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File a report with the police immediately. Get a copy in case your bank, credit card company or insurance company needs proof of the crime.

Cancel each credit and charge card. Get new cards with account numbers. Call the fraud departments of the major credit reporting agencies: Equifax (800) 525-6285; Experian (888) 397-3742; TransUnion (800) 680-7289; Ask them to put a “fraud alert” on your account and add a “victim’s statement” to your file requesting that creditors contact you before opening new accounts in your name.

Ask the credit bureaus for copies of your credit reports. Review your reports carefully to make sure no additional fraudulent accounts have been opened in your name or unauthorized changes made to your existing accounts. In a few months, order new copies of your reports to verify your corrections and changes, and to make sure no new fraudulent activity has occurred.

If your wallet or purse contained bank account information, report the loss to your bank, including account numbers, ATM cards or checks. Cancel checking and savings accounts and open new ones. Stop payments on all outstanding checks. Get a new ATM card, account number and Personal Identification Number (PIN) or password.

Report your missing driver’s license to the department of motor vehicles. If your state uses your Social Security number as your driver’s license number, ask to substitute another number.

Change the locks on your home and car if your keys were taken. Don’t give an identity thief access to even more personal property and information.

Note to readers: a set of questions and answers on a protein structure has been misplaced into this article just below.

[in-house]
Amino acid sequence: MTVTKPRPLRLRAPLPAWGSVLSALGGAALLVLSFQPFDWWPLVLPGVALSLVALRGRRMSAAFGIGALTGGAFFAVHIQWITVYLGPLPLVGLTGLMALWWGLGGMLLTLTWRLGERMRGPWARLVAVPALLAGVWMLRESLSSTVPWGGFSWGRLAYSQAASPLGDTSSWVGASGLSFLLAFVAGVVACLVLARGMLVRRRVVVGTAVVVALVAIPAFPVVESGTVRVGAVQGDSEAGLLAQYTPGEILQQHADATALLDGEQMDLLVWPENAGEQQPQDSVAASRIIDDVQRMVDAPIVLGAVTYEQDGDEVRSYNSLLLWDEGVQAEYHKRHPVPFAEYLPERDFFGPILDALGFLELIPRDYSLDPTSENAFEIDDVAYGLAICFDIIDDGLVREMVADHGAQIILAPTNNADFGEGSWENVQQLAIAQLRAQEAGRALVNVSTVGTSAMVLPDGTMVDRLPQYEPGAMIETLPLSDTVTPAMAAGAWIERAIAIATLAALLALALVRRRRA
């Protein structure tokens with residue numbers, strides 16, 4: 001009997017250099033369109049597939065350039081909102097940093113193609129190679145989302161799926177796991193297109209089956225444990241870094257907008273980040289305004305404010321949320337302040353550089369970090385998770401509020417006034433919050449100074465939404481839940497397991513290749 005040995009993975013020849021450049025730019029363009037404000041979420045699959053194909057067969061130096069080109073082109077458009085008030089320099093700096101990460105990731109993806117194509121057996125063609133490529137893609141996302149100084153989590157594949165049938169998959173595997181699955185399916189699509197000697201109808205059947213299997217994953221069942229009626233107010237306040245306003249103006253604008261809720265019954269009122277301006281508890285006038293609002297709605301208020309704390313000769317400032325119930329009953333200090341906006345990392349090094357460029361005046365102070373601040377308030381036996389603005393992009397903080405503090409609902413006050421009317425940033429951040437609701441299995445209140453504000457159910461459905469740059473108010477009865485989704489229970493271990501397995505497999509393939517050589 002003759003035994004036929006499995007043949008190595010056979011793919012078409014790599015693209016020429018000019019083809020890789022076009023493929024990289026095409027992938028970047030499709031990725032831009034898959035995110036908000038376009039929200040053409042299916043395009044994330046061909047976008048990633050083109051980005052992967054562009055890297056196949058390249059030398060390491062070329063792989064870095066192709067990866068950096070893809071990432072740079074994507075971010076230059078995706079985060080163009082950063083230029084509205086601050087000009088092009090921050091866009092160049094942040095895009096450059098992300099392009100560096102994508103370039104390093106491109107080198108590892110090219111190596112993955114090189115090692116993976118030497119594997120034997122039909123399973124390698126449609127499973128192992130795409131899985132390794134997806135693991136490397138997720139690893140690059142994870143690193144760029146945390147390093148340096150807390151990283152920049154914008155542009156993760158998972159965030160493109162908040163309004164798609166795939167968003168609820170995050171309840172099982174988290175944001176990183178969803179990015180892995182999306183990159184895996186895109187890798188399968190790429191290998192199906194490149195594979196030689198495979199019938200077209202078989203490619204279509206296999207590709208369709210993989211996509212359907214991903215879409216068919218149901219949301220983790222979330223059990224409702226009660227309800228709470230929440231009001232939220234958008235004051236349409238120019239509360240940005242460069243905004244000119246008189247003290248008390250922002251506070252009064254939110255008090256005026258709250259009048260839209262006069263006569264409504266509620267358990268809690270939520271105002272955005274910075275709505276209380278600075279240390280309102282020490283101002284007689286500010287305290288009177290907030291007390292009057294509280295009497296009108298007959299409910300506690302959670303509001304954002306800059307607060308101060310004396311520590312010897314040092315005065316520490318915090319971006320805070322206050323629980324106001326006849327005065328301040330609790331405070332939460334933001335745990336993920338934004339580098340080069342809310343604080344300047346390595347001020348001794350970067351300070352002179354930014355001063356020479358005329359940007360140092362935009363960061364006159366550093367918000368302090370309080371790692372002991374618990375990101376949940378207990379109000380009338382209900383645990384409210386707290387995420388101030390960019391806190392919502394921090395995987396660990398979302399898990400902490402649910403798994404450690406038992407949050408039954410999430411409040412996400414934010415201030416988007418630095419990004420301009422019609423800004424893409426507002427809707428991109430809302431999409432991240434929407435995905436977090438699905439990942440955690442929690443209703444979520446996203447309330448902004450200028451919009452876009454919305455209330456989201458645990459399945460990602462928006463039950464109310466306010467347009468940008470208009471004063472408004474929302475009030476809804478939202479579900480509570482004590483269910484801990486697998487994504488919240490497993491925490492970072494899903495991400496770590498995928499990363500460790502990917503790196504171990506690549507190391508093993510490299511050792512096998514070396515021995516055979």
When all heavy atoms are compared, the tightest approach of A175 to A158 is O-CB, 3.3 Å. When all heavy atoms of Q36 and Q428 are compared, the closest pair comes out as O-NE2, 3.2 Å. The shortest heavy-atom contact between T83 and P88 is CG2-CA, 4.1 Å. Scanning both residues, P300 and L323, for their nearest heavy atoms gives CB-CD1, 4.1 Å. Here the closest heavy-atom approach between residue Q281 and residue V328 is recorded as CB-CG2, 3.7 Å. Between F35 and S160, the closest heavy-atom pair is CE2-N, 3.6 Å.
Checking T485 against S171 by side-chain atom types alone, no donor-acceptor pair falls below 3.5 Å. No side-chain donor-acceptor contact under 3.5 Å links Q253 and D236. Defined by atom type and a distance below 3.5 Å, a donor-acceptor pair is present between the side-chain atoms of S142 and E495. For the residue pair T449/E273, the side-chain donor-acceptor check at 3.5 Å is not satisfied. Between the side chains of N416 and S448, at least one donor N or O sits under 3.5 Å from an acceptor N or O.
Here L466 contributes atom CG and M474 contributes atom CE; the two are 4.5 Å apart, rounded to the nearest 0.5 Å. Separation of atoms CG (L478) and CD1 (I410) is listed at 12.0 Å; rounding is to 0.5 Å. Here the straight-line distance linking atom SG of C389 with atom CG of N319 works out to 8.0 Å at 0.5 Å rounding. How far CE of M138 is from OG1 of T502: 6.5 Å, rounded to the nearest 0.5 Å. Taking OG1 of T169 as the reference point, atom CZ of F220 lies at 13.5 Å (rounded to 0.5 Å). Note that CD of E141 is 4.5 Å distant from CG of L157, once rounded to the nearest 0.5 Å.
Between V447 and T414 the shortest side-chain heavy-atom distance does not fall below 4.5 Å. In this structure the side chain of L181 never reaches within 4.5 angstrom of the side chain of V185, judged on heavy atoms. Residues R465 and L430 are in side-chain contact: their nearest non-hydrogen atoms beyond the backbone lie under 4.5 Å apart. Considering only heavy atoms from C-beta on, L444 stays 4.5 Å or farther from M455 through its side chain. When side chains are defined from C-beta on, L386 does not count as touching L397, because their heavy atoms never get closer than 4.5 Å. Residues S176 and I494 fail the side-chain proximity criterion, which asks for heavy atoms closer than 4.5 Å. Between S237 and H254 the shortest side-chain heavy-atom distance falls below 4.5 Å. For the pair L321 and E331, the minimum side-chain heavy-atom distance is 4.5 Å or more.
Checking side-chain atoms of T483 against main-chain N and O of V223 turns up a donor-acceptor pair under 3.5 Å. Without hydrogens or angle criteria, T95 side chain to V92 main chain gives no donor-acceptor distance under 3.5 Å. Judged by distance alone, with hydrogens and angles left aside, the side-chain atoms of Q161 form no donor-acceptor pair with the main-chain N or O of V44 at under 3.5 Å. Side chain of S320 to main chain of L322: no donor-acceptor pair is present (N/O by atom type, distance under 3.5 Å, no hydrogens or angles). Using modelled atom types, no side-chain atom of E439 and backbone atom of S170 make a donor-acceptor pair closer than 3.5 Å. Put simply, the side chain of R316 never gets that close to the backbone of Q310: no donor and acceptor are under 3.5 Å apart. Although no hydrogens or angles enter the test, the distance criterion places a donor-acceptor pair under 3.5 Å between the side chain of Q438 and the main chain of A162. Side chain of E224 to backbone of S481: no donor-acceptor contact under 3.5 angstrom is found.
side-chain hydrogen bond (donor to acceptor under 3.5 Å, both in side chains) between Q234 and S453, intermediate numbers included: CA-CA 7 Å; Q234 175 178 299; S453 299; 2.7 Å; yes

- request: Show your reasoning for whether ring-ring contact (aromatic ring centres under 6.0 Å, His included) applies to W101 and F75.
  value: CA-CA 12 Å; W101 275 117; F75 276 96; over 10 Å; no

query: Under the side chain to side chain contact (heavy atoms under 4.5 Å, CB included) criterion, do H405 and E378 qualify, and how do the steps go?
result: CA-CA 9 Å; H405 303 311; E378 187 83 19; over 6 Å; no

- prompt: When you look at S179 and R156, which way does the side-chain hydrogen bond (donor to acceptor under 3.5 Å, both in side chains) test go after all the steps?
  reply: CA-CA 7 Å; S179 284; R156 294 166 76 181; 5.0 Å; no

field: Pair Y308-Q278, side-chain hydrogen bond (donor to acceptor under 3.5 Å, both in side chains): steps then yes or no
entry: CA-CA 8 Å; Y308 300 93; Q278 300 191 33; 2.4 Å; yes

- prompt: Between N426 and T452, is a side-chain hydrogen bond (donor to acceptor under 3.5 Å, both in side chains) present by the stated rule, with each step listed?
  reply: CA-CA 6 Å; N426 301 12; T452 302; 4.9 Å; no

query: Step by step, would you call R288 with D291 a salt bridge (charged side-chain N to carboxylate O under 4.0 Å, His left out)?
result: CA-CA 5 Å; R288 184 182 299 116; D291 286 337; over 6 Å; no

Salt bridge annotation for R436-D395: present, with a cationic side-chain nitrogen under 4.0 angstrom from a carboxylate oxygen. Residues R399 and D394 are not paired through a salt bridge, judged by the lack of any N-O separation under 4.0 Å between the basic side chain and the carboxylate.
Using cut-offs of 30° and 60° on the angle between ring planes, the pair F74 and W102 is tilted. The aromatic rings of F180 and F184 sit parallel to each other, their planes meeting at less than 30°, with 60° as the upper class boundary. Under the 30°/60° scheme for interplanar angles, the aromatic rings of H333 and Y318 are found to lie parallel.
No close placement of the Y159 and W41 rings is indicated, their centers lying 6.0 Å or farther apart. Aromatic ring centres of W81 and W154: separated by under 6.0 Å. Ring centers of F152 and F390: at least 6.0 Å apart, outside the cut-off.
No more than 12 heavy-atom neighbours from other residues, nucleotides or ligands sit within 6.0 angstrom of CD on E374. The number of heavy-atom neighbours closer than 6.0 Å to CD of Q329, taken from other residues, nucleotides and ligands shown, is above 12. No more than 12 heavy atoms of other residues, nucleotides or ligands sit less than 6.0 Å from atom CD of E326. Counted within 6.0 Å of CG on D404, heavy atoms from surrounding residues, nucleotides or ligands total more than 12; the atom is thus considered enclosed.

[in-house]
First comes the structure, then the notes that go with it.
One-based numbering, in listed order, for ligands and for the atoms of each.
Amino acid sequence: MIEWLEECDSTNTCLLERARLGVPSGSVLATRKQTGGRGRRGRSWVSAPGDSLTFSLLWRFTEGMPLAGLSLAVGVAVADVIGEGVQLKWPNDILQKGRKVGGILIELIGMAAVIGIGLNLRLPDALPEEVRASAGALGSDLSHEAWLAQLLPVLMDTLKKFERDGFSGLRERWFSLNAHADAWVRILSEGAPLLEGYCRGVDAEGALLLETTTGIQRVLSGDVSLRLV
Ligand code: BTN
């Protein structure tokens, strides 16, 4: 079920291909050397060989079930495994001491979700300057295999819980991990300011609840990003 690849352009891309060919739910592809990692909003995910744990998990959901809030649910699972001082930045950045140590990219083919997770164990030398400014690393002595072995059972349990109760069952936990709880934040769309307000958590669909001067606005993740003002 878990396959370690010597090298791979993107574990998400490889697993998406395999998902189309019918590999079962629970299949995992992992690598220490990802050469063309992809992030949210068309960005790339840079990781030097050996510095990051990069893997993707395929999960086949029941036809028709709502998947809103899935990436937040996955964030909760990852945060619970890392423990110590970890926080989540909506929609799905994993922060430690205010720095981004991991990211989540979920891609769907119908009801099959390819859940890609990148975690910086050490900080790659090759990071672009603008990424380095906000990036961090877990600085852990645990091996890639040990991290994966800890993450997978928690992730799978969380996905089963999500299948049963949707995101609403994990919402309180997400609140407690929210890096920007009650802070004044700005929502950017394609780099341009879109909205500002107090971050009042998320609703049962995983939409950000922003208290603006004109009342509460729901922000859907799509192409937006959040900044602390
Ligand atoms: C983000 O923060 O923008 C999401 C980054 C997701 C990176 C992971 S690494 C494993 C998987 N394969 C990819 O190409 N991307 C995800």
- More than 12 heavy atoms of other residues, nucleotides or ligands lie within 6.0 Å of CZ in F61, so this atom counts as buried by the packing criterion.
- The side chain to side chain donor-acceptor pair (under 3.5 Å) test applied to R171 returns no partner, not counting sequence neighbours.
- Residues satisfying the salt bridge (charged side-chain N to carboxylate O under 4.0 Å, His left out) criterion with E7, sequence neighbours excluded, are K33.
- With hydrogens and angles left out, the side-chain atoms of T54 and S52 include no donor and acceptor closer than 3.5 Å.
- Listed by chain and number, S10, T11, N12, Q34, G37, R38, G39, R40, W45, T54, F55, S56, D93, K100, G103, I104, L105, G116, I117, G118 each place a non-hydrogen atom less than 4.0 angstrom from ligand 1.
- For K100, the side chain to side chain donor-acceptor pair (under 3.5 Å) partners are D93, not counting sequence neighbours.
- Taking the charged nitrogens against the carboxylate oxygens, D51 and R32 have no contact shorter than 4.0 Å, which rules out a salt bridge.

If your wallet, purse, credit cards or other identifying information is stolen, you are vulnerable to being victimized again by identity thieves. Identity thieves can use information found in your wallet or purse (credit cards, checks, your Social Security card, even health insurance cards) to establish new accounts in your name. The damage inflicted by identity thieves can take years to correct. If you are the victim of identity theft, click on this link to find out more information.

Some people steal. Most thieves only steal when it is easy, and stealing unattended property is very easy.

Never leave property unattended or unsecured. Not even for a second! Do not leave rooms and offices unlocked when you are not there. If you believe that locking a door or carrying a backpack with you is too inconvenient, think about what it will take to replace all of the lost items.

Use lockers to store property and lock them.

Theft of unattended or unsecured property accounts for over half of all crime on the Coral Gables Campus. By working together the community and the UM Police Department could reduce crime on campus by over fifty percent.